Schuette Asks for Further Review of Wisconsin City's Plan to Divert 10 Million Gallons of Water Per Day from Lake Michigan

March 31, 2016

LANSING – Michigan Attorney General Bill Schuette has issued formal notice to the Great Lakes and St. Lawrence Governors' and Premiers' Regional Body and the Great Lakes-St. Lawrence River Basin Resources Council to voice his concerns regarding the city of Waukesha, Wisconsin’s request to divert 10.1 million gallons of water per day from the Great Lakes basin.

The city of Waukesha is located outside the Great Lakes basin, in the Mississippi River basin.

“The Great Lakes are one of the greatest resources not only for Michigan, but for the entire country,” said Schuette. “Waukesha’s request to divert millions of gallons from Lake Michigan is very serious and unless the strict exception standard is met, should be denied. Our Great Lakes water resources are far too important to allow a major disruption without intensive research and an approval from all the Great Lakes states.”

The letter responds to the city of Waukesha, Wisconsin’s Water Diversion Application to the two bodies, as required by the Great Lakes - St. Lawrence River Basin Water Resources Compact and the 2005  Great  Lakes  -  St. Lawrence  River  Basin Sustainable  Water  Resources  Agreement. Both the agreement and compact address preserving the Great Lakes and fostering  economic  development  through sustainable  management  of water  resources and  are  intended  to work  in concert.

A critical element of the agreements is a prohibition on diversion programs to areas outside the Great Lakes basin unless a very specific and narrowly defined set of exception standards are met.

The City of Waukesha must demonstrate that they:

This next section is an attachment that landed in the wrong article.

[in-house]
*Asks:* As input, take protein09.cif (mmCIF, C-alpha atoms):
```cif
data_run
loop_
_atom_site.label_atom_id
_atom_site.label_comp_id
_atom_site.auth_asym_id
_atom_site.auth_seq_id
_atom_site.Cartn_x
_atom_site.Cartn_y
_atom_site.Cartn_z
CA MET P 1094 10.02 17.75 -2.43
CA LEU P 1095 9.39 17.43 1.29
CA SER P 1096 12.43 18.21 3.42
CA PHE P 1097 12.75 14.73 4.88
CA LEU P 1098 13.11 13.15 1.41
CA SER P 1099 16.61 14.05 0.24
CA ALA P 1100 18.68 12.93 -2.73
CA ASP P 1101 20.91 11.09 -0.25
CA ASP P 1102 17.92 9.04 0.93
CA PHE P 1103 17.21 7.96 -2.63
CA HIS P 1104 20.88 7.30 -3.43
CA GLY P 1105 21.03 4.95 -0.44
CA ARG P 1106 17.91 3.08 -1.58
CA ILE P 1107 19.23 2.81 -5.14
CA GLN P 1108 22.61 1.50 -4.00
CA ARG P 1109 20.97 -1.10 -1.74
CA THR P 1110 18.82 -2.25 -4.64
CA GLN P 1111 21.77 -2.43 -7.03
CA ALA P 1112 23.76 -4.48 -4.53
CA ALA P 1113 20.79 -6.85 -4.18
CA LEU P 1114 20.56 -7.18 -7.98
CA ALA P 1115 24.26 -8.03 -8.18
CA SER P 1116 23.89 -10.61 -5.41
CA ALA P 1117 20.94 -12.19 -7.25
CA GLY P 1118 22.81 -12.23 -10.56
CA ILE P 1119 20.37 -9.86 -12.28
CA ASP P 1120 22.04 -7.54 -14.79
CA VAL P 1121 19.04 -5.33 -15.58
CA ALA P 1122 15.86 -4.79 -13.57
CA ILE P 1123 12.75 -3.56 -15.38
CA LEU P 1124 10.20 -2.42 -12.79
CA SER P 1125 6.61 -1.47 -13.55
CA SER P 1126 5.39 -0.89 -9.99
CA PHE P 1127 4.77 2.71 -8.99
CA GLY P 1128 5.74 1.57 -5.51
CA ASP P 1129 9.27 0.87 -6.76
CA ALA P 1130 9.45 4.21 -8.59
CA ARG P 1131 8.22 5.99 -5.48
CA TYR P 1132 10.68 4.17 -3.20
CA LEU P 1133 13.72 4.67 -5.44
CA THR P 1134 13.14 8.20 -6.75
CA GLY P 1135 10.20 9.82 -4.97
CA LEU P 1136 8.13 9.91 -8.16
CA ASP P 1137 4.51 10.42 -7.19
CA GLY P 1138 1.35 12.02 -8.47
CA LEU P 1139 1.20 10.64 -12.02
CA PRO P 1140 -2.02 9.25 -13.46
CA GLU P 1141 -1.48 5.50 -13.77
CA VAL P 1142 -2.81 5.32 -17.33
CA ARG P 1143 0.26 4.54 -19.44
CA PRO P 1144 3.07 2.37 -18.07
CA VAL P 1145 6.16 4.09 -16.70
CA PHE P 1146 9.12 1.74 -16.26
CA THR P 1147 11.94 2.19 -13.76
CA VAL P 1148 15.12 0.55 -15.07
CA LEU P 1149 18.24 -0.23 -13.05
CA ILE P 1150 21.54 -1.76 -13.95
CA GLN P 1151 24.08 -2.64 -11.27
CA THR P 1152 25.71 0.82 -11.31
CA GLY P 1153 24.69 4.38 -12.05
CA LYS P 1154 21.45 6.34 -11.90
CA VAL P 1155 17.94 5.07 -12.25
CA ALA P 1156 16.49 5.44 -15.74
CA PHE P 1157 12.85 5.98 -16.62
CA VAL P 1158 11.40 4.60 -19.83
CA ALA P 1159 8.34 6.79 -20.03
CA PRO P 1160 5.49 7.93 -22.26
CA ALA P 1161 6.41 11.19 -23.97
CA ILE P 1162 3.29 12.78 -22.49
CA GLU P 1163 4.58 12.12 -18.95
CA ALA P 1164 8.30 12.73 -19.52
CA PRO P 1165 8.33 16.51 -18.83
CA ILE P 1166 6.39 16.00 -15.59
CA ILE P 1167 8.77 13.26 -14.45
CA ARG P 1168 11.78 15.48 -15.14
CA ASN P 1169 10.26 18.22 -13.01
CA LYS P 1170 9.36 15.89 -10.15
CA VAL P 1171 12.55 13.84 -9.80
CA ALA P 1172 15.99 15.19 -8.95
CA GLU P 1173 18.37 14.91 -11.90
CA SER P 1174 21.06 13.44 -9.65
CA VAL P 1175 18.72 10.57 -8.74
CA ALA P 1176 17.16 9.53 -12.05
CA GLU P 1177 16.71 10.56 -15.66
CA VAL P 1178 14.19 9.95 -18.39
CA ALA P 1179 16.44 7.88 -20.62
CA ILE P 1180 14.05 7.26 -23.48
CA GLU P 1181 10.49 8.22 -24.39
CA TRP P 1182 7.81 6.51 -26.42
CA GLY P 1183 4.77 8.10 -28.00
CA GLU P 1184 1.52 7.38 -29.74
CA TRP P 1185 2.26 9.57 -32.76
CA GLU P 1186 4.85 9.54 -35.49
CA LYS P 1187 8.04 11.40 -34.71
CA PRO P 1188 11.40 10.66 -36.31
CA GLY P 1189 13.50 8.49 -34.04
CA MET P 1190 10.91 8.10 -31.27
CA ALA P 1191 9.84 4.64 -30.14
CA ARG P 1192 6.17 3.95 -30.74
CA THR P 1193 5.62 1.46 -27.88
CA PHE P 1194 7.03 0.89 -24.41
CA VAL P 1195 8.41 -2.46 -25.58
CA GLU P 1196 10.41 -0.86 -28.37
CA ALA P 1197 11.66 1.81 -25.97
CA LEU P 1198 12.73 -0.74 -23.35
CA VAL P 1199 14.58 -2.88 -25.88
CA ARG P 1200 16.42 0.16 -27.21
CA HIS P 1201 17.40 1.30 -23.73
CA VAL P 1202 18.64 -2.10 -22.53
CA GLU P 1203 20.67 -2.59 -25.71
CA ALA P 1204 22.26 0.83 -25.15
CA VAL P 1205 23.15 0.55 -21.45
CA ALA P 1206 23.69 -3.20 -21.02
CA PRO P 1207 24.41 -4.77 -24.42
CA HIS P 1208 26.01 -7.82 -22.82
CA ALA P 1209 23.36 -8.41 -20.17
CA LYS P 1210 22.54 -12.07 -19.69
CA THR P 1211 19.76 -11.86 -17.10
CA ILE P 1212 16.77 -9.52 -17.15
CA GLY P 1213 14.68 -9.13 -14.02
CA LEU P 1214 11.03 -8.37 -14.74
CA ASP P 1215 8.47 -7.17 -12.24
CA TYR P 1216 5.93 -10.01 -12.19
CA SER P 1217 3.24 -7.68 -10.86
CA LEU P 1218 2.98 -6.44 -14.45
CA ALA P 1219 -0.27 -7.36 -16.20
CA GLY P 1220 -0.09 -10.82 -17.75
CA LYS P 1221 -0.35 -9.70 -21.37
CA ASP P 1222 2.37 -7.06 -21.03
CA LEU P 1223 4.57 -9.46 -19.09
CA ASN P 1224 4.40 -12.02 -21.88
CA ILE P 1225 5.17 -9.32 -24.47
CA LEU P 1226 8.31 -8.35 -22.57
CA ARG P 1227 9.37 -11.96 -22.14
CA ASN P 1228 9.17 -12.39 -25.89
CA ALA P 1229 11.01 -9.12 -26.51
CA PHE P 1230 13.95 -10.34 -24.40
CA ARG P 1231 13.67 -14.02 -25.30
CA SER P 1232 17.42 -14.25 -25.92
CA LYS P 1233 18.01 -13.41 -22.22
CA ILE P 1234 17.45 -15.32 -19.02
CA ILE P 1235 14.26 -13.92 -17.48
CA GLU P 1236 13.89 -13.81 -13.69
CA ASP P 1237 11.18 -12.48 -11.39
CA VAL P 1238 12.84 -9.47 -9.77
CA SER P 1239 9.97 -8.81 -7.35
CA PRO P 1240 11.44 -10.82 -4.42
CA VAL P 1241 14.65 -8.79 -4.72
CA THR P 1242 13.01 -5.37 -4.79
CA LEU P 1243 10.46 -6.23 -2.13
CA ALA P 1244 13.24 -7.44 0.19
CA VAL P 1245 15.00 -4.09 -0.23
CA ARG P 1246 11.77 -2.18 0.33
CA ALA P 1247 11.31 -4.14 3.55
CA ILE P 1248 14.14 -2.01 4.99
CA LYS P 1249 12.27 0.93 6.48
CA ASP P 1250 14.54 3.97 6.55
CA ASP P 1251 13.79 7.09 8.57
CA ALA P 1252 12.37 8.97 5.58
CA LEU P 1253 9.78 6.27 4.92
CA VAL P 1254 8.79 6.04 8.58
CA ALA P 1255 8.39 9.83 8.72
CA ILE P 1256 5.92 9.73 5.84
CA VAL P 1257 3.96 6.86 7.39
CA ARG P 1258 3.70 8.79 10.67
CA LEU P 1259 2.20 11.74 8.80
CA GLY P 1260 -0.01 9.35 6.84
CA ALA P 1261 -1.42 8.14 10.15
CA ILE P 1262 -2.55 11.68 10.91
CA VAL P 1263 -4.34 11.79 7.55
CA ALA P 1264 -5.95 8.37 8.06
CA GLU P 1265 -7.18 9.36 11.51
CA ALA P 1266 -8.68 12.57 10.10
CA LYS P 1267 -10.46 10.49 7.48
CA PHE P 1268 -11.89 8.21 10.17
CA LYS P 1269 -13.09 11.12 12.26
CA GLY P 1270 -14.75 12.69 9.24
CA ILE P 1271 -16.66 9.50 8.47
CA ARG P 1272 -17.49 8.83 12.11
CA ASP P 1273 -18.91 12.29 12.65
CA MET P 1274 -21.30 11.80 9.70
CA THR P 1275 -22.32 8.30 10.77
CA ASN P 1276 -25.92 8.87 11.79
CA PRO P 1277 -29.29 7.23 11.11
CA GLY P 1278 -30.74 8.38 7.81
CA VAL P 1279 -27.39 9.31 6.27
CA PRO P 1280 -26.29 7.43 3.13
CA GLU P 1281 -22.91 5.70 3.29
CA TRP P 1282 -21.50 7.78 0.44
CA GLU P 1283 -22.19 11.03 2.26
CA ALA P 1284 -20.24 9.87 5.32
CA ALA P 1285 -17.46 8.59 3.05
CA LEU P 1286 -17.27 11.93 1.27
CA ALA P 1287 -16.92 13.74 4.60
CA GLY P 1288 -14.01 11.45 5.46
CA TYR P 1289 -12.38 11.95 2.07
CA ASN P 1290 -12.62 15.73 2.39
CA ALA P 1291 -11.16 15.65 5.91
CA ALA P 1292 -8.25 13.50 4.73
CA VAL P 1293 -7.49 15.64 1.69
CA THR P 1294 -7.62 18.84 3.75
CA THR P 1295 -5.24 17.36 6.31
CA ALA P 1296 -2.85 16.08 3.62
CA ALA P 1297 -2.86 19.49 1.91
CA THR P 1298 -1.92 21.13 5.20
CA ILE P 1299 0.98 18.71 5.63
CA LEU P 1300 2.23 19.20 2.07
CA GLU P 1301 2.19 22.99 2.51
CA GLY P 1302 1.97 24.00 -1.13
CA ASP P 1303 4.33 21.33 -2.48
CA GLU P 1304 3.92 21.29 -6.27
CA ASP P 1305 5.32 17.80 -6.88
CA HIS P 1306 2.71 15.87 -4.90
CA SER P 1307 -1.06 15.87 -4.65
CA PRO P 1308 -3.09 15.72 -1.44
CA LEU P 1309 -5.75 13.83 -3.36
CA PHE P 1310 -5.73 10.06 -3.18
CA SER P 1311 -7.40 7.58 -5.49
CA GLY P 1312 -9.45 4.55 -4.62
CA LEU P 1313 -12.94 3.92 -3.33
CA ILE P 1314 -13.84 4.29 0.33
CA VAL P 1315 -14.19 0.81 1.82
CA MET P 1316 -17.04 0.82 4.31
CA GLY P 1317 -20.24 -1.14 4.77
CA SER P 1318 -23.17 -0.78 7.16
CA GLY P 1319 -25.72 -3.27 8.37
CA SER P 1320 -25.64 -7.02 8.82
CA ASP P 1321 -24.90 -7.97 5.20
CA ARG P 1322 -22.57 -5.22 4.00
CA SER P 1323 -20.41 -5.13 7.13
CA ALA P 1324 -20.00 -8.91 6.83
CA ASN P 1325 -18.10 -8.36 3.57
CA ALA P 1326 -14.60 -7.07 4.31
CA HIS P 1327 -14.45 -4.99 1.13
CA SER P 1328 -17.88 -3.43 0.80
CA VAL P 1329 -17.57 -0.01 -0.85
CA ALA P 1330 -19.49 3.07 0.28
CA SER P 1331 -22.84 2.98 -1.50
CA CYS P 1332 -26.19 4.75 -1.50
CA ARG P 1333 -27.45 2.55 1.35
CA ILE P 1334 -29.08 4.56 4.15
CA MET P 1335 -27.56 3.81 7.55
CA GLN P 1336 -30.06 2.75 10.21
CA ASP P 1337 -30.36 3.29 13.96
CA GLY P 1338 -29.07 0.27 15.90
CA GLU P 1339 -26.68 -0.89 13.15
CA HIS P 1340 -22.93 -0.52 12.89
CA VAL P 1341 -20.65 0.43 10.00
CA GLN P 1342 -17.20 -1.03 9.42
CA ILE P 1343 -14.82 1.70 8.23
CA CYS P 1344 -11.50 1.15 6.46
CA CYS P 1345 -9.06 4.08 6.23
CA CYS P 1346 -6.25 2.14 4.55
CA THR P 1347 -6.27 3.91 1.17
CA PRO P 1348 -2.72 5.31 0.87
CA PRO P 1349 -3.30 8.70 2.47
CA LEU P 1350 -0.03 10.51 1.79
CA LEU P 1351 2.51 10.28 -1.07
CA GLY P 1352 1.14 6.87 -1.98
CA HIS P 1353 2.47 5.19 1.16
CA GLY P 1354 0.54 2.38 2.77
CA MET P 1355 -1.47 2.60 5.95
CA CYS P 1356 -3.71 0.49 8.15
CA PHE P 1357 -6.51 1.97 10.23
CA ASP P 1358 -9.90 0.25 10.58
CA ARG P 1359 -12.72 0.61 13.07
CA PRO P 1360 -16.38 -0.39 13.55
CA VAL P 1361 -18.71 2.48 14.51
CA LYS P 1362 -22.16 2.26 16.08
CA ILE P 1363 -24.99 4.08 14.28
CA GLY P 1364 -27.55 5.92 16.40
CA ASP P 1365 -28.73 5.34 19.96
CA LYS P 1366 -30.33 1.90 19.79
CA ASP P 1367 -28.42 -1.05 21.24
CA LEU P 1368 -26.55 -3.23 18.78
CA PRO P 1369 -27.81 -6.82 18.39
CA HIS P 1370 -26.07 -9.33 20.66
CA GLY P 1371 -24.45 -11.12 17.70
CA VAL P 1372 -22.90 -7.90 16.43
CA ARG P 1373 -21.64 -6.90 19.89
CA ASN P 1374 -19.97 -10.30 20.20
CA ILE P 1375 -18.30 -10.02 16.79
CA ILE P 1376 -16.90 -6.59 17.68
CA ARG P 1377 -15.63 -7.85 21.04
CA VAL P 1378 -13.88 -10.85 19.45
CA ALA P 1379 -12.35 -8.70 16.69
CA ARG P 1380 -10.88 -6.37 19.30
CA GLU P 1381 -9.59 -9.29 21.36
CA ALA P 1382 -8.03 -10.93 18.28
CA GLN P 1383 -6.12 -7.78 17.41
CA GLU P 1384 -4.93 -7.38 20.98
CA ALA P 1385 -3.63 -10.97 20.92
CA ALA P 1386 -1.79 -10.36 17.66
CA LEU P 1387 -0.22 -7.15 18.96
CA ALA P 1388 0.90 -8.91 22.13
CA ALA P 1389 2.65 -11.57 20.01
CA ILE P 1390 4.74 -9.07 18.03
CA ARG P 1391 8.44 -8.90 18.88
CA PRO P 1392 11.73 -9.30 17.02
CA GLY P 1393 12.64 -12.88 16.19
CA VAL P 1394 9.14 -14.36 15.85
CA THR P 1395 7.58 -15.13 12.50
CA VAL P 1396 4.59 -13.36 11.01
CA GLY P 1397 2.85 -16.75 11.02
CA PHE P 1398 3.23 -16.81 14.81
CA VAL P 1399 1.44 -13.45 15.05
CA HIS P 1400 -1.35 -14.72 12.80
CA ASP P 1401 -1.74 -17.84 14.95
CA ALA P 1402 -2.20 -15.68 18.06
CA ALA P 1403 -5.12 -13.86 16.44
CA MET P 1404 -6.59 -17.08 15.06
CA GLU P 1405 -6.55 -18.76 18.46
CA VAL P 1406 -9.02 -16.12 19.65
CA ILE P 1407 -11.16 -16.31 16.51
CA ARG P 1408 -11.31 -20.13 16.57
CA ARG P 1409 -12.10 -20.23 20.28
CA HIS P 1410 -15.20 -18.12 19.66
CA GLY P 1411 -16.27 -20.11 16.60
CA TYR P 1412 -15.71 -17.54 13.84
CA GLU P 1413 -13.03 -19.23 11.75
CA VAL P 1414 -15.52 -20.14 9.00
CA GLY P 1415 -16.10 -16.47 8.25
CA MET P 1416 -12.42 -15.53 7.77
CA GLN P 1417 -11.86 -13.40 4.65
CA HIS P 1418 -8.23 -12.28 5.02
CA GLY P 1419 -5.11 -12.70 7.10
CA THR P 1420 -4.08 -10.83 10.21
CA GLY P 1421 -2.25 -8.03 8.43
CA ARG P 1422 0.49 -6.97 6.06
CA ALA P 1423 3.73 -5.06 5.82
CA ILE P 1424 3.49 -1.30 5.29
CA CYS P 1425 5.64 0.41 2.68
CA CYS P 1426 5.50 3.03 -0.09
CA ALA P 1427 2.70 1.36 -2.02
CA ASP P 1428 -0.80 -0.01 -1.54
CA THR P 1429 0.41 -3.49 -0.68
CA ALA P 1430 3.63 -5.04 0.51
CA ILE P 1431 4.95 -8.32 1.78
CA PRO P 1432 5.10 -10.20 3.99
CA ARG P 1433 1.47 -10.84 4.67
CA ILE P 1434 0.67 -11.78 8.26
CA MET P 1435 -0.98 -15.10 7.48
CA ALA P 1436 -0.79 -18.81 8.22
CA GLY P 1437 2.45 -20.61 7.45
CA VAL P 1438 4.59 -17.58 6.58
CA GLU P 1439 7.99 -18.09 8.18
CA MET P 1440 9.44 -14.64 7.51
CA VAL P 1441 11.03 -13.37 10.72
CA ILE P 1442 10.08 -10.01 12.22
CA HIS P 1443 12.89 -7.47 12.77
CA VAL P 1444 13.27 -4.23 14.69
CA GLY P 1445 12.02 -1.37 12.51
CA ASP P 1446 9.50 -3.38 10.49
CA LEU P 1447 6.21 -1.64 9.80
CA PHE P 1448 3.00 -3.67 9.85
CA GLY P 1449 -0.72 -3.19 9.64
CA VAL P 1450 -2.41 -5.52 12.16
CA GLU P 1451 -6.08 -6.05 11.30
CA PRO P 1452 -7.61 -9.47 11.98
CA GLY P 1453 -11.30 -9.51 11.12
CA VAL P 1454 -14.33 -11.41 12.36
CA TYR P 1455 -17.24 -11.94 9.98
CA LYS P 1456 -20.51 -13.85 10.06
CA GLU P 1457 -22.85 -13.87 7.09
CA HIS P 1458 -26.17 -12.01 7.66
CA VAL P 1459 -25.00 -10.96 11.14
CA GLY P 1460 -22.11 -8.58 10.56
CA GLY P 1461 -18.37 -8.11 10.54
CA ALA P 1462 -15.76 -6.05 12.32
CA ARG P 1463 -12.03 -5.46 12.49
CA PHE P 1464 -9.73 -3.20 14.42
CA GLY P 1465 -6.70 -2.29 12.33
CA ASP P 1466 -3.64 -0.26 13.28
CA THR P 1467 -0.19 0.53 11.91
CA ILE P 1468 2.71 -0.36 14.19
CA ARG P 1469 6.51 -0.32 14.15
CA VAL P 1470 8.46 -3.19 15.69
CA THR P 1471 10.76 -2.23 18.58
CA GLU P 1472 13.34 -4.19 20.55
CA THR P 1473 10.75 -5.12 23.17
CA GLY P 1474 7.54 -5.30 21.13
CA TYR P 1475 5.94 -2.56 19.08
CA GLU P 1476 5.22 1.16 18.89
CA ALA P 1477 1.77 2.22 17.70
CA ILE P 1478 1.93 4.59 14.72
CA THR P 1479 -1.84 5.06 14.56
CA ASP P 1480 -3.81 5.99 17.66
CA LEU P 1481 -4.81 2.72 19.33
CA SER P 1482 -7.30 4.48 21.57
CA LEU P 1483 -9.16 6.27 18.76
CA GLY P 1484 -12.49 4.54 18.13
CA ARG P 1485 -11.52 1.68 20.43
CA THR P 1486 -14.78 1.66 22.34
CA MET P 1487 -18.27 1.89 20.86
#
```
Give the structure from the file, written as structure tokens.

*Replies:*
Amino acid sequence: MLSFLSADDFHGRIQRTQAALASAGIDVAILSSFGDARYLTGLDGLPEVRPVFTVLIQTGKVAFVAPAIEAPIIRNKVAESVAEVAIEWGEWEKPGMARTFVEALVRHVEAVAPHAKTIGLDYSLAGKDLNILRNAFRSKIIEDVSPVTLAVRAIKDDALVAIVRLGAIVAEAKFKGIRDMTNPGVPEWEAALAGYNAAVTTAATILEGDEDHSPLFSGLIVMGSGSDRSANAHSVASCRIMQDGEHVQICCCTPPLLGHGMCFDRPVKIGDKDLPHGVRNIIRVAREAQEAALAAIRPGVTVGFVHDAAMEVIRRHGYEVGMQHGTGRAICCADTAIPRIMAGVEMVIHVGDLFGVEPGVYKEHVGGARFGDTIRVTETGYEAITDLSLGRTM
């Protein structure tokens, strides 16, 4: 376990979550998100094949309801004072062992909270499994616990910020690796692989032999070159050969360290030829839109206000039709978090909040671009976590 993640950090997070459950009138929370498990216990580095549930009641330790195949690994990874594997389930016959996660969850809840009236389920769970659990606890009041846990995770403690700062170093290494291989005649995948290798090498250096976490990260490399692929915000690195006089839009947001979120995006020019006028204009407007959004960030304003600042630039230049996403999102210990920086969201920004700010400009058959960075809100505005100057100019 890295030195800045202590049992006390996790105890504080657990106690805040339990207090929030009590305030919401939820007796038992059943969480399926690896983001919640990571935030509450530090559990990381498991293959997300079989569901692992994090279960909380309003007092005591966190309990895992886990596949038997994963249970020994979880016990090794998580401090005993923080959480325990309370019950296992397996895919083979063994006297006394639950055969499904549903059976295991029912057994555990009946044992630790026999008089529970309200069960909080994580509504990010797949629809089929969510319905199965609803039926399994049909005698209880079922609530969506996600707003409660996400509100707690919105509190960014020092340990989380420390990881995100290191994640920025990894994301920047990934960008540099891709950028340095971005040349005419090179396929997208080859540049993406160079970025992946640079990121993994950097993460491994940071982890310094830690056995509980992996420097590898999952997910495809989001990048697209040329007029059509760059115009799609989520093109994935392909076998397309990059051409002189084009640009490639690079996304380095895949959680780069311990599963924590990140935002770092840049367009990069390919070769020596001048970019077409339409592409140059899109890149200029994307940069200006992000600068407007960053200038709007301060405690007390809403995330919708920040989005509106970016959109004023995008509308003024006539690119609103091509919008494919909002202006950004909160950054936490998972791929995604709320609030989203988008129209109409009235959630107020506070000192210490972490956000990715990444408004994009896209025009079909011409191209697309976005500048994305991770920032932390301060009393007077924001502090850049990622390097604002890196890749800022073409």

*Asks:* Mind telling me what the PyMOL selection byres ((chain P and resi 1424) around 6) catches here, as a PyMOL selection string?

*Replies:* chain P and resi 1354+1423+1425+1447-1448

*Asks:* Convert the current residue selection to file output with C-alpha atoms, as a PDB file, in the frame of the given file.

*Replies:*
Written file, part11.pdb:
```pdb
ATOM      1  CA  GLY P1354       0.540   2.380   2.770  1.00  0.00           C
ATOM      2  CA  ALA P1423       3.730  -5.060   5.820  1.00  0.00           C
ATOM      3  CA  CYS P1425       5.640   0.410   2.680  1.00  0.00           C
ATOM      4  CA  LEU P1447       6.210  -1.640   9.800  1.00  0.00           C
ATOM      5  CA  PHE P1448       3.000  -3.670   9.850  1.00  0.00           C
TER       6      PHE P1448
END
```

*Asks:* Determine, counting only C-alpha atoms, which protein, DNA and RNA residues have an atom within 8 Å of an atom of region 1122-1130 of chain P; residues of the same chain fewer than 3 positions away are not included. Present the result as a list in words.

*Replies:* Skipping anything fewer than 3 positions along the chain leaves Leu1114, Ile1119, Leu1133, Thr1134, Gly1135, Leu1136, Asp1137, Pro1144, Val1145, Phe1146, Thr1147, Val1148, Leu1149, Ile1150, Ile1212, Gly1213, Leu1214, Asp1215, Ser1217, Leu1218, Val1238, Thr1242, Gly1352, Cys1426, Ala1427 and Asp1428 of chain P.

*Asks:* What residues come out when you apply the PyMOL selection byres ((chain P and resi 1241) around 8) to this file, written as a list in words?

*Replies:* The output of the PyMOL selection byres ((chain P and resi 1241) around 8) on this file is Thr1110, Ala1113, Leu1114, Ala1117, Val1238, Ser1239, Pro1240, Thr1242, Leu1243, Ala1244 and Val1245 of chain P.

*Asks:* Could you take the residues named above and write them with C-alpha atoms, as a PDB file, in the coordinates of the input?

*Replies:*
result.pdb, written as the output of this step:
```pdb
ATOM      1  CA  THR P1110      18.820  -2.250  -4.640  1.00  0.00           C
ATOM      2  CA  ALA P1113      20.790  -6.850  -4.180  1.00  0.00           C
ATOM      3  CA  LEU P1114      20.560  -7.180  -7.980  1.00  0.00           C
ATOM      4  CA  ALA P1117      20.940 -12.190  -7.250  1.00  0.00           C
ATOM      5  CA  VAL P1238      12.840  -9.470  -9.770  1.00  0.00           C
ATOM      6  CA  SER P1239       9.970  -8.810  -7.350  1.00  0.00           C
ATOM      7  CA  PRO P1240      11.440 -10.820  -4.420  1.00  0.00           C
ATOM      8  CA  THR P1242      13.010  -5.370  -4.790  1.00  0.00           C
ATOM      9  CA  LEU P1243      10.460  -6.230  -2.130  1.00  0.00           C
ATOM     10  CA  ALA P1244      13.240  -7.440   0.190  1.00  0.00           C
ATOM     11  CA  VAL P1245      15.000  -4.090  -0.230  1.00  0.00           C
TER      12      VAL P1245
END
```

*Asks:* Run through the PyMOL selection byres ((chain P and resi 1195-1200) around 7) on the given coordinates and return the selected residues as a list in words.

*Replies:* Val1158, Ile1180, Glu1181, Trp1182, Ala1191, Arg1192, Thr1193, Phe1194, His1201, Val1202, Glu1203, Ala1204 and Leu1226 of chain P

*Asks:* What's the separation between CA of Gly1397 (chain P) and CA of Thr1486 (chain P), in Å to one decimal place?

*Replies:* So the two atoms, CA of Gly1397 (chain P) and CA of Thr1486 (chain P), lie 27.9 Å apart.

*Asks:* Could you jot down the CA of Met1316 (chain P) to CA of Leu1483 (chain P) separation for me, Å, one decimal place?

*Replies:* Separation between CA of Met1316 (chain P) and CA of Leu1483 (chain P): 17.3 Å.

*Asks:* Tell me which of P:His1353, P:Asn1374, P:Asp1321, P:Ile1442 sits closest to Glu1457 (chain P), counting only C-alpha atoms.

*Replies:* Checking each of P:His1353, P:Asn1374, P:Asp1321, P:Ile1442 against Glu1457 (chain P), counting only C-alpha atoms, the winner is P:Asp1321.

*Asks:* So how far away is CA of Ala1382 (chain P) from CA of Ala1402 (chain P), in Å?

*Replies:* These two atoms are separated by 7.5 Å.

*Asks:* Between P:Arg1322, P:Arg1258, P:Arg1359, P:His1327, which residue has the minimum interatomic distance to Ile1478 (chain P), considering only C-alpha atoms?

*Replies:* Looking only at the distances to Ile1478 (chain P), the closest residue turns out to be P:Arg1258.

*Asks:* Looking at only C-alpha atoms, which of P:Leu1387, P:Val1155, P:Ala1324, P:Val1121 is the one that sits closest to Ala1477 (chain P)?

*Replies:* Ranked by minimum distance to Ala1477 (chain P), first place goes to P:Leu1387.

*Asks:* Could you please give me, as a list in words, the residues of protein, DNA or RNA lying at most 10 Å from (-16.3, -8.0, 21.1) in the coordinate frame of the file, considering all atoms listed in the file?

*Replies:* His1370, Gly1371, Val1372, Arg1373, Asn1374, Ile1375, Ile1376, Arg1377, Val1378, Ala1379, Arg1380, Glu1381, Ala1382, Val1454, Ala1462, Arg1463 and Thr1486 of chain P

• Will use the water for a public water supply;
  • Will maximize the portion of water returned to the source watershed and minimize the return of water from outside that basin;
  • Are without an adequate supply of potable water;
  • Have no reasonable alternative water  supply within its own basin, including the possibility of meeting its own water demands through conservation efforts; and
  • Will not, by diverting water, endanger the integrity of the Great Lakes Basin ecosystem.

Since this request is the first of its kind, Schuette has a number of questions he is seeking to have answered in more detail, and is requesting that the City of Waukesha and State of Wisconsin answer the following before the bodies make final decisions on the plan:

  • Need and service area: The City proposes to divert Lake Michigan water for use not only by the City itself, but some other adjoining communities.  Do the other communities included in Waukesha's proposal actually lack an adequate supply of potable water and need the Lake Michigan water?  Is the larger water supply service area even a "Community within a Straddling County" eligible to apply for diversion under the Compact?
  • Alternatives: Is there a reasonable water supply alternative that would not require Lake Michigan water?
  • Return flow: Does Waukesha's proposal satisfy Compact requirements for maximizing return flow of Lake Michigan water? Does it include enforceable mechanisms ensuring that the full volume of water will actually be returned to Lake Michigan?
  • Protection of Great Lakes: Does the proposal ensure that there would be no significant adverse impacts to the Great Lakes? For example, will it ensure that invasive species, such as viruses, are not transferred into the Great Lakes through the return flows?

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